arl.gif (859 bytes)  Return to Images  

 
 

rods.jpg (20795 bytes)

Rods and Cones

4 video tapes and 14 video monitors: color monitors, black+white monitors,
computer composite monitors (amber or green screen) /
colored plexiglas disks / 6'x8' video projection

Detail of a video installation
The title refers to our eyes' photoreceptors; rod and cone cells


Notes on Rods and Cones

Flowers can be problematic subject matter for an artist who wishes to avoid the maudlin or the decorative. In this instance, familiarity is exactly what I needed. In order to consider our faculty for color reception I had to use images that would have universal recognition.

Rods and cones are the photoreceptors in the retina. Plump "cone" cells provide color sensitivity and detail. Straight, thin "rods" respond to low levels of illumination and give black and white responses. I've always been fascinated by the twilight hour, when we lose our ability to see color; ie. when we lose the use of our cone cells and rely on rod cells for information.

In my video installation there are fourteen monitors that fall into one of three categories: black and white, color or monochrome. The latter are composite monitors that were used in the past as computer screens and are either exclusively green or exclusively amber.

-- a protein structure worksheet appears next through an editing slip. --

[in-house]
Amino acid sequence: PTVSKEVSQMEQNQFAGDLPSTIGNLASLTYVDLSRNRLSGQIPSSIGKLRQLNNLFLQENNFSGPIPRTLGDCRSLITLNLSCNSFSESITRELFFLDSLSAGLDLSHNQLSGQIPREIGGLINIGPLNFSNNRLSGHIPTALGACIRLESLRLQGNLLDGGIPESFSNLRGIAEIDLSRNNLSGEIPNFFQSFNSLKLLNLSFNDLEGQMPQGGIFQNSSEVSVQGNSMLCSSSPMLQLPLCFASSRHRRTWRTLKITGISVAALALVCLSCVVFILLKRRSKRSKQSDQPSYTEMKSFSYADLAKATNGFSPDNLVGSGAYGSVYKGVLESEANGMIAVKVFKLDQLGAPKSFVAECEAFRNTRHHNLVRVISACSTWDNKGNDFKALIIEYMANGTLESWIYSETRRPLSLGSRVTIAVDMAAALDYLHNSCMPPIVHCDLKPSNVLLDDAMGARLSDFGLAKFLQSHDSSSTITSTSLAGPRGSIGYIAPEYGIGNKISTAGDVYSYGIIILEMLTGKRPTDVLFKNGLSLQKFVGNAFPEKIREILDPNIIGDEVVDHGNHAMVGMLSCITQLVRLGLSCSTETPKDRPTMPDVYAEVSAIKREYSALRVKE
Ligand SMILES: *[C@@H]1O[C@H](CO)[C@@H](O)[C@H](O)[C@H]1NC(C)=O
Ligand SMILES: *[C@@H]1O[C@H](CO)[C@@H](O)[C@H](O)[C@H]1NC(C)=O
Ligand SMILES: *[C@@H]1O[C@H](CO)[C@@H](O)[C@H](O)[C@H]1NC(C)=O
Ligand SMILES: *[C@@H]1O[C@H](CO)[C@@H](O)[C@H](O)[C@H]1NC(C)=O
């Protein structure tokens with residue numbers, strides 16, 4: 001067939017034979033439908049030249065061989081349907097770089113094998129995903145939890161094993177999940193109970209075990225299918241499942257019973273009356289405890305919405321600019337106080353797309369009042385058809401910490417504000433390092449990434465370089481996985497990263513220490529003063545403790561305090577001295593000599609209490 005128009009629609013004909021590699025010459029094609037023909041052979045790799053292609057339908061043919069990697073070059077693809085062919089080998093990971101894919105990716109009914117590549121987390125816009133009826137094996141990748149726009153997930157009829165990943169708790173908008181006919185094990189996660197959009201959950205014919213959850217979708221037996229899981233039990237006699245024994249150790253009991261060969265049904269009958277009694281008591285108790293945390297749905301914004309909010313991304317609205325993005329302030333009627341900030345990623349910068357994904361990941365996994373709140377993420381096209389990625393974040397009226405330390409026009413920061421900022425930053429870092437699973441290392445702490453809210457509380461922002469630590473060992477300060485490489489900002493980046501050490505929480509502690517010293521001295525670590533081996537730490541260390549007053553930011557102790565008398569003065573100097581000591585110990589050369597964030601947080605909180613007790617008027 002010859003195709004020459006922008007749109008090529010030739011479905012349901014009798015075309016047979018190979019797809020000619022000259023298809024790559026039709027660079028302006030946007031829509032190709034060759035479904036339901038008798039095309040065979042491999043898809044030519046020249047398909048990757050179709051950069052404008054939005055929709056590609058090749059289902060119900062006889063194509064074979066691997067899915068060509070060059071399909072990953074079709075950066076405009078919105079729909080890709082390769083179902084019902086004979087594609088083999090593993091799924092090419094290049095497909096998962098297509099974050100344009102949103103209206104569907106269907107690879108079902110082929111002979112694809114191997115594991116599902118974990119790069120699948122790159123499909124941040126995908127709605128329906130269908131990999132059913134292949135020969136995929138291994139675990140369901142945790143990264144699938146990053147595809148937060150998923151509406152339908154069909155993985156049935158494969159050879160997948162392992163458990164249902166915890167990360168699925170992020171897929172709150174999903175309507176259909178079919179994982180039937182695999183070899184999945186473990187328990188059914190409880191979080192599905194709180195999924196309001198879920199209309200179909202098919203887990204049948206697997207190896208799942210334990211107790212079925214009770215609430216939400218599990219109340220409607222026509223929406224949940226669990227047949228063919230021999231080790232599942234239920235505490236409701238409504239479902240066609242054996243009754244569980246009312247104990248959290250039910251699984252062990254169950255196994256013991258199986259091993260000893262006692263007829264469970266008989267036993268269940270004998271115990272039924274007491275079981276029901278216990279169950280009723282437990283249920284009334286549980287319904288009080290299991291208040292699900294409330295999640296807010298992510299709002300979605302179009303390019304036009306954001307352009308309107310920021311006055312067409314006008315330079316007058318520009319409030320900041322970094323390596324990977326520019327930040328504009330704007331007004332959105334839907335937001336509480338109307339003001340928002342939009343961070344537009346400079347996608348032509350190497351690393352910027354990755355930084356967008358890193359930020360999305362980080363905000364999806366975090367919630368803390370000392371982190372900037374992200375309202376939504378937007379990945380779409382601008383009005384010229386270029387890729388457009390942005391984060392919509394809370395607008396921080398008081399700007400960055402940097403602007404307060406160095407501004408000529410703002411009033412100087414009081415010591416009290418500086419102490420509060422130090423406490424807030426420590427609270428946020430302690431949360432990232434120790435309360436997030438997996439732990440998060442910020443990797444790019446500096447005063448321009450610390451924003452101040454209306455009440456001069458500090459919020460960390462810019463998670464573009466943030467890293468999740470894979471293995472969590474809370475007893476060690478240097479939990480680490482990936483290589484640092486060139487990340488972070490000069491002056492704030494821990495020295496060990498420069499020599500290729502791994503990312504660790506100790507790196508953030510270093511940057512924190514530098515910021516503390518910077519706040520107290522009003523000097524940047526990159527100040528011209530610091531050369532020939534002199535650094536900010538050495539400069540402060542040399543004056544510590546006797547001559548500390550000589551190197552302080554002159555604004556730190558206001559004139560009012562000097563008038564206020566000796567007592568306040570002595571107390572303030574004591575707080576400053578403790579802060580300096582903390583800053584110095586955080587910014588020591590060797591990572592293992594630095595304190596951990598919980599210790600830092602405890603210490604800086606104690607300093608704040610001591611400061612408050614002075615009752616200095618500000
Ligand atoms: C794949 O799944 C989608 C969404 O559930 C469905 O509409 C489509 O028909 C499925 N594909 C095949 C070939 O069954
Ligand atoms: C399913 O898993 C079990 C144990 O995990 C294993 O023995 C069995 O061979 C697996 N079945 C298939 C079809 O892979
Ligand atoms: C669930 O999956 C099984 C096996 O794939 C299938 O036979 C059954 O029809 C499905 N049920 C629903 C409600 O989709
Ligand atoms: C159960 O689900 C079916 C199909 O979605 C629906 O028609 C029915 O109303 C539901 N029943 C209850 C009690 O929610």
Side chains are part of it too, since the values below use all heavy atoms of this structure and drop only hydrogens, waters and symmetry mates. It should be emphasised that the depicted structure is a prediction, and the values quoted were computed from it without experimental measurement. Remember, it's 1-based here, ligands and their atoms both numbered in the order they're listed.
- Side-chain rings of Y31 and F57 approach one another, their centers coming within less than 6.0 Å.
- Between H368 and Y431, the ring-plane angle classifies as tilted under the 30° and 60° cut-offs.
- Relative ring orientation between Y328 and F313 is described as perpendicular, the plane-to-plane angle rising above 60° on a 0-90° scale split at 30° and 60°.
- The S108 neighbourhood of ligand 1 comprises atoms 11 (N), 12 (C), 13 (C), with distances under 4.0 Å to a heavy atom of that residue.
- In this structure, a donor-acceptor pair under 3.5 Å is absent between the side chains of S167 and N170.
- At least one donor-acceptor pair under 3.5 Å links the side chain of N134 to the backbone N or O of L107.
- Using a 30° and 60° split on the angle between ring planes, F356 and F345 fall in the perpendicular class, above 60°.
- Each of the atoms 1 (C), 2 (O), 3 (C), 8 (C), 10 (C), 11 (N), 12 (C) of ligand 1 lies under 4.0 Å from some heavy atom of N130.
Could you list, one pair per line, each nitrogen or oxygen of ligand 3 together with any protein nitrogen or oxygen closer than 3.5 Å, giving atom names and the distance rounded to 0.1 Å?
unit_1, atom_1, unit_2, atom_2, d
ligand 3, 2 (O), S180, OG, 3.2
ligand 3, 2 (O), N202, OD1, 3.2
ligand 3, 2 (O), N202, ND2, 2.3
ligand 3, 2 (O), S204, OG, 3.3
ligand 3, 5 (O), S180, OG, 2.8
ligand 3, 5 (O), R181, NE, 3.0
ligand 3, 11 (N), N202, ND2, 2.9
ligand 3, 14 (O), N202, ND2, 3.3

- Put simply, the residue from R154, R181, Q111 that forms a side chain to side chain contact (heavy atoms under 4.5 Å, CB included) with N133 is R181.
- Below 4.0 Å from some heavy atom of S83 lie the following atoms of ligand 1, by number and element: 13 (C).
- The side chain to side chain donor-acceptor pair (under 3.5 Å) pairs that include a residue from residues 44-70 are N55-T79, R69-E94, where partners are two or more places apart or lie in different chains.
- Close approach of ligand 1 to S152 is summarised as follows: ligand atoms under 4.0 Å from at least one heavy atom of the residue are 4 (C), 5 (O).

A summer evening spent in my garden gave rise to the video installation. On that evening I looked at the flowers and foliage and considered their appearance in shades of gray. A violent electrical storm had just passed over the region and even then an occasional burst of lightening would illuminate the sky. In the split second of brilliant light -- to my amazement-- I could see colors in my garden bed. I was impressed that so very little time was required for the eye and brain to engage the services of the cone cells. I had disappointingly few moments to make these observations. As I thought about what I'd seen, it seemed as though only some colors were visible and others not. I could not even be certain that the colors I was seeing were something other than my envisioning those colors I would expect to see.

When we watch a film in black and white we have no trouble identifying objects. We know what they'd look like in full-color; the translation is effortless. Given a black and white image of leaves, there is no question that they are green.

I provide black and white images and superimpose the presumably appropriate color in its primary hue. Leaves conjure up the color green, a rose-shaped flower (it's a begonia) conjures up red, etc. The larger color video projection acts as a "reality check"; it cycles through the several images and verifies the color association.

Here surrounded by obvious manipulations of color, the color projection seems to be the final arbiter of what true colors there were in my garden. Of course this is incongruous; a video projector can be infinitely adjusted. The color here is one version of reality.

How do you look at a garden? You take in details and the long view. Since most often garden elements are static, even the smallest movement is noticed. The video here is nearly motionless, except for the leaves occasionally rustling in a breeze or the arrival of a bee.

Adrienne Klein

 

1999-2013  Adrienne Klein